Pupils across Scotland have started playing on games consoles during lessons!
Experts reckon using 'brain training' games can help improve your maths. Maddy's been testing them out...
"Maths was my worst subject at school and I had to work really hard to get a good grade. So testing out a maths game definitely didn't sound like a dream day at Newsround!
I went along to a school in north east Scotland where pupils have been using Nintendo DS consoles for a few months. Nearly everyone there admitted they are hooked on the mental maths games.
Some of them barely looked up from their consoles to chat to me because they were concentrating so hard to try to beat their top scores. I had to give it a go!
How it works
I tested a game where you need to work out the answers to 20 sums as quickly as you can. There's addition, subtraction, multiplication and division questions.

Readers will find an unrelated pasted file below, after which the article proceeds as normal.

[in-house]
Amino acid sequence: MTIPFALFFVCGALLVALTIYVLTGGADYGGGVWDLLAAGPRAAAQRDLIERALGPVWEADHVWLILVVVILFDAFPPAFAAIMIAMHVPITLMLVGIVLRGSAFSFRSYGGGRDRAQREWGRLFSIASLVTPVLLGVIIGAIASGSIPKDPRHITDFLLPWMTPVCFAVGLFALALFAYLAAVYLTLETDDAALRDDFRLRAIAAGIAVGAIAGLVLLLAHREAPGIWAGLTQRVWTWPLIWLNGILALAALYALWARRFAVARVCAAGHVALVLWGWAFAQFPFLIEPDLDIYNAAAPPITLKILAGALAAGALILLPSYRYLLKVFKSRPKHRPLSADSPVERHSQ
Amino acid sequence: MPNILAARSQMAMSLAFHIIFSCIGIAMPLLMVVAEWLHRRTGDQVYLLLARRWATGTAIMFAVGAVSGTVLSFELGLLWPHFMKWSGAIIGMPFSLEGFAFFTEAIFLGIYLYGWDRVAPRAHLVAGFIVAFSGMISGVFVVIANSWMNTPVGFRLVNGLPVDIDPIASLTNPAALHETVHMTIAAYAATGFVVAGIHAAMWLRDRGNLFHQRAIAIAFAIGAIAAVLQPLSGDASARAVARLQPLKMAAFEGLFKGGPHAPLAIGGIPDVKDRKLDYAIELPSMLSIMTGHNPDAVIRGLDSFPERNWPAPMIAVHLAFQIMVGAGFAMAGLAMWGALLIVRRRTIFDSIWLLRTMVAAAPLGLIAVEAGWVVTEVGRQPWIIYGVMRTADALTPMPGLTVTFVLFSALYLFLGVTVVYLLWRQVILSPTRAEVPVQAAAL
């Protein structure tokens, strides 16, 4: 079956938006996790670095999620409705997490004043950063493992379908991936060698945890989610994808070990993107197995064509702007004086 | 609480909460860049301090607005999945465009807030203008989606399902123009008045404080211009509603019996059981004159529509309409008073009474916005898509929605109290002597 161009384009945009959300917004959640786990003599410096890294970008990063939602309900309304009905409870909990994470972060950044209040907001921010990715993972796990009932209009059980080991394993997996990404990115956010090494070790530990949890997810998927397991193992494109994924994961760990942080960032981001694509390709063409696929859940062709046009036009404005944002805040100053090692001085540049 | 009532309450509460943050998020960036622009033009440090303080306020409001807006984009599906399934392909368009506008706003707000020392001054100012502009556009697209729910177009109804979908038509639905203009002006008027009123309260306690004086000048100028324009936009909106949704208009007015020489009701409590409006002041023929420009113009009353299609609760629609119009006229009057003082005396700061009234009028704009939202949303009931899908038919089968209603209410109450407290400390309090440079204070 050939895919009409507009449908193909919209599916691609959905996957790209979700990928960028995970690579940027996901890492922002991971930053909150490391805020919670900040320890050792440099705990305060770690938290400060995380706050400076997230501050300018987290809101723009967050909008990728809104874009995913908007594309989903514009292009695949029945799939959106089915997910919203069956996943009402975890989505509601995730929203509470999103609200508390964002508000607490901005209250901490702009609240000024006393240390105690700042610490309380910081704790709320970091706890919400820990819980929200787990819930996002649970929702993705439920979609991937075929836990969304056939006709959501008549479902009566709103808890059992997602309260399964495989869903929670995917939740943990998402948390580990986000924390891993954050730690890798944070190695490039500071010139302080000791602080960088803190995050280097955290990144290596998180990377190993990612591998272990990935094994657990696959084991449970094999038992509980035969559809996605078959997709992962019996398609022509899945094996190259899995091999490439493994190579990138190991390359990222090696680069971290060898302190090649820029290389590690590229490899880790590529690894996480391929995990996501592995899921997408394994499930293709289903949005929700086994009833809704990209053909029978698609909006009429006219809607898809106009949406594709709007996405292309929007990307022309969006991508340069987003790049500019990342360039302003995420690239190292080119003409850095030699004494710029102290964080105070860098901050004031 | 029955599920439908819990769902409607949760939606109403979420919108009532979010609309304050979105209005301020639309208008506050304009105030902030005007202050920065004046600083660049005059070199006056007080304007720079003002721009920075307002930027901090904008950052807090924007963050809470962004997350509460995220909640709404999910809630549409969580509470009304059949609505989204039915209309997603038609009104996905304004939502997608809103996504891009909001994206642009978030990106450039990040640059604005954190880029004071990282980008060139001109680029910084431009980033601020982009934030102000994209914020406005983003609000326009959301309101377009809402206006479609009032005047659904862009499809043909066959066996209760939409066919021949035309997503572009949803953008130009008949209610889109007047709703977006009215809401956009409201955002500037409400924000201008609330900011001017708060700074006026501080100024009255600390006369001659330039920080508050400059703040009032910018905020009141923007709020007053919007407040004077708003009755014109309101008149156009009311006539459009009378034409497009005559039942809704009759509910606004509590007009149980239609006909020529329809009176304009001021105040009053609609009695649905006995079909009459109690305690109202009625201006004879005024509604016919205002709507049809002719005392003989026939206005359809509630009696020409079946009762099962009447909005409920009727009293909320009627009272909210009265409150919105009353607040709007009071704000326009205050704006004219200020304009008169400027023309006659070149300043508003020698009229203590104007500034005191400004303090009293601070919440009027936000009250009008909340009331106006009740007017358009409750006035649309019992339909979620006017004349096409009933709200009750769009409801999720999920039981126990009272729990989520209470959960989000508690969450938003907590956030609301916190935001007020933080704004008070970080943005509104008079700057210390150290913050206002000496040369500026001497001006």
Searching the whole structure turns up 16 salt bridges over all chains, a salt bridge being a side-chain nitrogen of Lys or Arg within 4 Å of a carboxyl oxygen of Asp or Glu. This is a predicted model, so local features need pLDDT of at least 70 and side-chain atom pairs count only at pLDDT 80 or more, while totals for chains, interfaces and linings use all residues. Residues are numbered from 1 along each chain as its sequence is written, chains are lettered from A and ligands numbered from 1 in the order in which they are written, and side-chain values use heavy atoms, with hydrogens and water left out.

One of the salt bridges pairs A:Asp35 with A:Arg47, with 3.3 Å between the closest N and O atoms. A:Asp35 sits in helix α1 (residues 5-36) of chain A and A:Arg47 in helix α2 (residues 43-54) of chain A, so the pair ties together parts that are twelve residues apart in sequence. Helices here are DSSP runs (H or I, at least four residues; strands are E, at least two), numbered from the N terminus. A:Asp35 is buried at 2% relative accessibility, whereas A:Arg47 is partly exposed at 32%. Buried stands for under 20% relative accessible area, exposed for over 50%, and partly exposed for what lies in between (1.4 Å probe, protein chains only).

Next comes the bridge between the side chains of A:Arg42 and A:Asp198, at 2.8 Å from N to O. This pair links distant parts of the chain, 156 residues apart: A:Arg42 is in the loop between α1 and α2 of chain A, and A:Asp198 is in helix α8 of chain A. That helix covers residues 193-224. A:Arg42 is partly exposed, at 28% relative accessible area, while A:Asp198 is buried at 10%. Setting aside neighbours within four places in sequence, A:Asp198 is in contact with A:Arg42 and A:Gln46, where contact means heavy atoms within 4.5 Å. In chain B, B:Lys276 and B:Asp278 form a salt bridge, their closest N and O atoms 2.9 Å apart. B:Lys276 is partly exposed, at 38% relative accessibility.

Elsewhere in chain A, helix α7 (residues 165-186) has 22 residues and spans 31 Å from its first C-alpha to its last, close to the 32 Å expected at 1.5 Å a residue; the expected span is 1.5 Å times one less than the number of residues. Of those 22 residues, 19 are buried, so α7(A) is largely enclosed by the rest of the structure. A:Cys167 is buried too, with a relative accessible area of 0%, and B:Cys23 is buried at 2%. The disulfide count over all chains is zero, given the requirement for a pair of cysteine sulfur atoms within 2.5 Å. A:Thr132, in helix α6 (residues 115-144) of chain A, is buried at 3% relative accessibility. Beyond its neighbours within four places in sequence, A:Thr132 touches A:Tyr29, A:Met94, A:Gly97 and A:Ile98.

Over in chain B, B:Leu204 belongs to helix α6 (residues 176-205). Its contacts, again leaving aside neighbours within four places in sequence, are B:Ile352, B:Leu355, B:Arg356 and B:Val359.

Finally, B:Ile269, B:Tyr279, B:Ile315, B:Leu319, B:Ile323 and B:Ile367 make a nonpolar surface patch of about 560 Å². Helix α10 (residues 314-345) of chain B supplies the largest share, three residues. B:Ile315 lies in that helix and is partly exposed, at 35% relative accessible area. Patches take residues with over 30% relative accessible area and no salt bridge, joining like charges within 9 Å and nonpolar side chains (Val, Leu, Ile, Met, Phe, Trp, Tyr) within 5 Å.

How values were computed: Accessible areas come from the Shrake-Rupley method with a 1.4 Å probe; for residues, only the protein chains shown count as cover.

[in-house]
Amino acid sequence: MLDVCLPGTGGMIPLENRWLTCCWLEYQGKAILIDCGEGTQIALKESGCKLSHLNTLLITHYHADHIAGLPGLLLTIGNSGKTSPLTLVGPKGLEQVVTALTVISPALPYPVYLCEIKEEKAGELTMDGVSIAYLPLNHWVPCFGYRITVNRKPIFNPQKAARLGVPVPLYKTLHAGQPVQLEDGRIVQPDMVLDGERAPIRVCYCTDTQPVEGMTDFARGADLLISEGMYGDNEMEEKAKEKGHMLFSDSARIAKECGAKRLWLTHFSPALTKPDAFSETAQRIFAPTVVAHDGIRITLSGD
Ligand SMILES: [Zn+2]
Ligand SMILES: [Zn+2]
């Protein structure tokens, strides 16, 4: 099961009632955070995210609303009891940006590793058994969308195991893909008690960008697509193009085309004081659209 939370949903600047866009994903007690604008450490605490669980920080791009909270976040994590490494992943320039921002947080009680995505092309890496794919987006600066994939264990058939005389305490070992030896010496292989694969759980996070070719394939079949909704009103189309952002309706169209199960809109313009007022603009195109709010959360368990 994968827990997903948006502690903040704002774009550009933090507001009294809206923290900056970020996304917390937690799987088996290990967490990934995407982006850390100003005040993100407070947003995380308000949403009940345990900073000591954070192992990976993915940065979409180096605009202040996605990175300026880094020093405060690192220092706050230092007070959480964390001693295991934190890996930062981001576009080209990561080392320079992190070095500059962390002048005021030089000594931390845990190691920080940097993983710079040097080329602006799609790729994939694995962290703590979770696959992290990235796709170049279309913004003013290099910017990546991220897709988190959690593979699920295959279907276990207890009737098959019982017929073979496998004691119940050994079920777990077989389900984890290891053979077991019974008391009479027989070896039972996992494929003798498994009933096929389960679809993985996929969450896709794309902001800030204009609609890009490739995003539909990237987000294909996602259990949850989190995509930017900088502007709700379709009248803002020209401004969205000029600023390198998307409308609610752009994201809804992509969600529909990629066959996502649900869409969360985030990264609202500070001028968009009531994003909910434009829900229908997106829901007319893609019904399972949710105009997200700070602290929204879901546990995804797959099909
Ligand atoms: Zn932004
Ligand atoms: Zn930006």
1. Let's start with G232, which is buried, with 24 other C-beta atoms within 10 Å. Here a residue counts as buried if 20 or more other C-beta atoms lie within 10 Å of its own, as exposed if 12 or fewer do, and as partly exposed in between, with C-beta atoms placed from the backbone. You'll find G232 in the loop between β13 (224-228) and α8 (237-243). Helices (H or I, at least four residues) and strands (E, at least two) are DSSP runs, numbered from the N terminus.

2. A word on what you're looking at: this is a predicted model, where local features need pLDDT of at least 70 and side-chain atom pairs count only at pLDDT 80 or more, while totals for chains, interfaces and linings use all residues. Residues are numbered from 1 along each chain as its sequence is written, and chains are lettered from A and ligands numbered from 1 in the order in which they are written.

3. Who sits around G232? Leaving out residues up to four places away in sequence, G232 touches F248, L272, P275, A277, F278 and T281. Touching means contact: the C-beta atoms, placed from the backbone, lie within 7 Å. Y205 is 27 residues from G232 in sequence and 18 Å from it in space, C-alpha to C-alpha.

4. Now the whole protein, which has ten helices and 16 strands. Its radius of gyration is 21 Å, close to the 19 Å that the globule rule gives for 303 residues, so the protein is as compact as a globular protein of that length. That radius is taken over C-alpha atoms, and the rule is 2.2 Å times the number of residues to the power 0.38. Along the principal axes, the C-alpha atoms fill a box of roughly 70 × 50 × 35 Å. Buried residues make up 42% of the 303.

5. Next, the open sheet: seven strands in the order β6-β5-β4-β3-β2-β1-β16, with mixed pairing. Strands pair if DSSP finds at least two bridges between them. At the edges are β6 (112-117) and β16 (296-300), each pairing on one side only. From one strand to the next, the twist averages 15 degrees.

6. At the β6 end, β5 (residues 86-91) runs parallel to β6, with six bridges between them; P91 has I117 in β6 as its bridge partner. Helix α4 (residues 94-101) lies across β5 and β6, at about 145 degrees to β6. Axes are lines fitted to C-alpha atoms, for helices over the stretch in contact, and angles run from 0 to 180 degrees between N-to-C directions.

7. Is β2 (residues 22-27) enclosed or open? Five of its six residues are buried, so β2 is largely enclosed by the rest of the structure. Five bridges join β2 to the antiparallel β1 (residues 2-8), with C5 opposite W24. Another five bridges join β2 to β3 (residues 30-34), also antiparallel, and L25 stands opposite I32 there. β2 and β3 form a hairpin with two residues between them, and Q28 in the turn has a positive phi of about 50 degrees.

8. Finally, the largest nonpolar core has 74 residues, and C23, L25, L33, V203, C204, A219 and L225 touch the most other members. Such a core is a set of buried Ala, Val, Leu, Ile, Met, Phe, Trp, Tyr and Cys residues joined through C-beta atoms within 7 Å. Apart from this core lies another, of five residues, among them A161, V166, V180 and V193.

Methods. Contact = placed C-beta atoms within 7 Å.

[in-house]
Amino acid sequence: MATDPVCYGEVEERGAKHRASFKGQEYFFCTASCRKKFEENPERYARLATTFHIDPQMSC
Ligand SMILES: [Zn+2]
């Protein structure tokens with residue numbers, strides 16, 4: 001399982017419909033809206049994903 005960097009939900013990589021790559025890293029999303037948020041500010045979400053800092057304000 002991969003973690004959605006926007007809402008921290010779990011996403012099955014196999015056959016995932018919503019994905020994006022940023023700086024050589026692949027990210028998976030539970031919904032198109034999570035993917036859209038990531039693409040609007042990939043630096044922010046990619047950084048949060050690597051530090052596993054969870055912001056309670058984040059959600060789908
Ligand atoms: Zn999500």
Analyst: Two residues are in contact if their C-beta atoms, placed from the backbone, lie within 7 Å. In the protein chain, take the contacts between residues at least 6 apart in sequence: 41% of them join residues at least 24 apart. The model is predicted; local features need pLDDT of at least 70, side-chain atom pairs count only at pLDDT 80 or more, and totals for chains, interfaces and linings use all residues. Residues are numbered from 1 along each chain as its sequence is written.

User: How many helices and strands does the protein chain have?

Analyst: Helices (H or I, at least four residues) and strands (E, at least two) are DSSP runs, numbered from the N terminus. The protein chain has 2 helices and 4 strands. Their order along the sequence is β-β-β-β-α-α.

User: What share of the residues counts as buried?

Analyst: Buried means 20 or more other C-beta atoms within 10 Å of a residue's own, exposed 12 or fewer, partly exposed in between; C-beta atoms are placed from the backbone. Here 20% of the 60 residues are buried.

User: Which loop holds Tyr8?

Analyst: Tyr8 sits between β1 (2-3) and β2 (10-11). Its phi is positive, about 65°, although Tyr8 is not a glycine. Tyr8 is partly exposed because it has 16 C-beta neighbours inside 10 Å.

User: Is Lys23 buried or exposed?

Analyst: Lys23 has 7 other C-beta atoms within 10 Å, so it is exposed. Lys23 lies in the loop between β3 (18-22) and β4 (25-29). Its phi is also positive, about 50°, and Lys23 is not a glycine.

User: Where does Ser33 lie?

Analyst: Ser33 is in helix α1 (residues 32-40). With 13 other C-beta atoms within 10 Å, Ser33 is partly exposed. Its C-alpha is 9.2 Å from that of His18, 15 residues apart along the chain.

You use the special pen that comes with the console to write the answers on your screen. You can get similar games on other types of computer and even on some mobiles.
After you've answered the sums, the game works out your 'brain age'. The worst you can get is 80, and the best age is 20.
I got 46 on my first go, which I thought was rubbish! But the headmistress told me most people end up the same age as their gran or grandpa when they start trying the game!
Some 11-year-old pupils told me they've managed to get their age scores down to about 22, after just a few months of dedicated practice!
By the end of the afternoon I was totally hooked! I had turned into one of those people who didn't take their eyes off the screen! My score did improve, but only a bit! My producer had to drag me away to catch our flight back home!
Some people reckon the traditional way of doing sums using pens and paper is still the best. Others are worried that games consoles are too expensive for most schools to afford.
If you are lucky enough to try one, I definitely reckon they're a great way to help you improve your maths. Don't forget to do your homework too though!"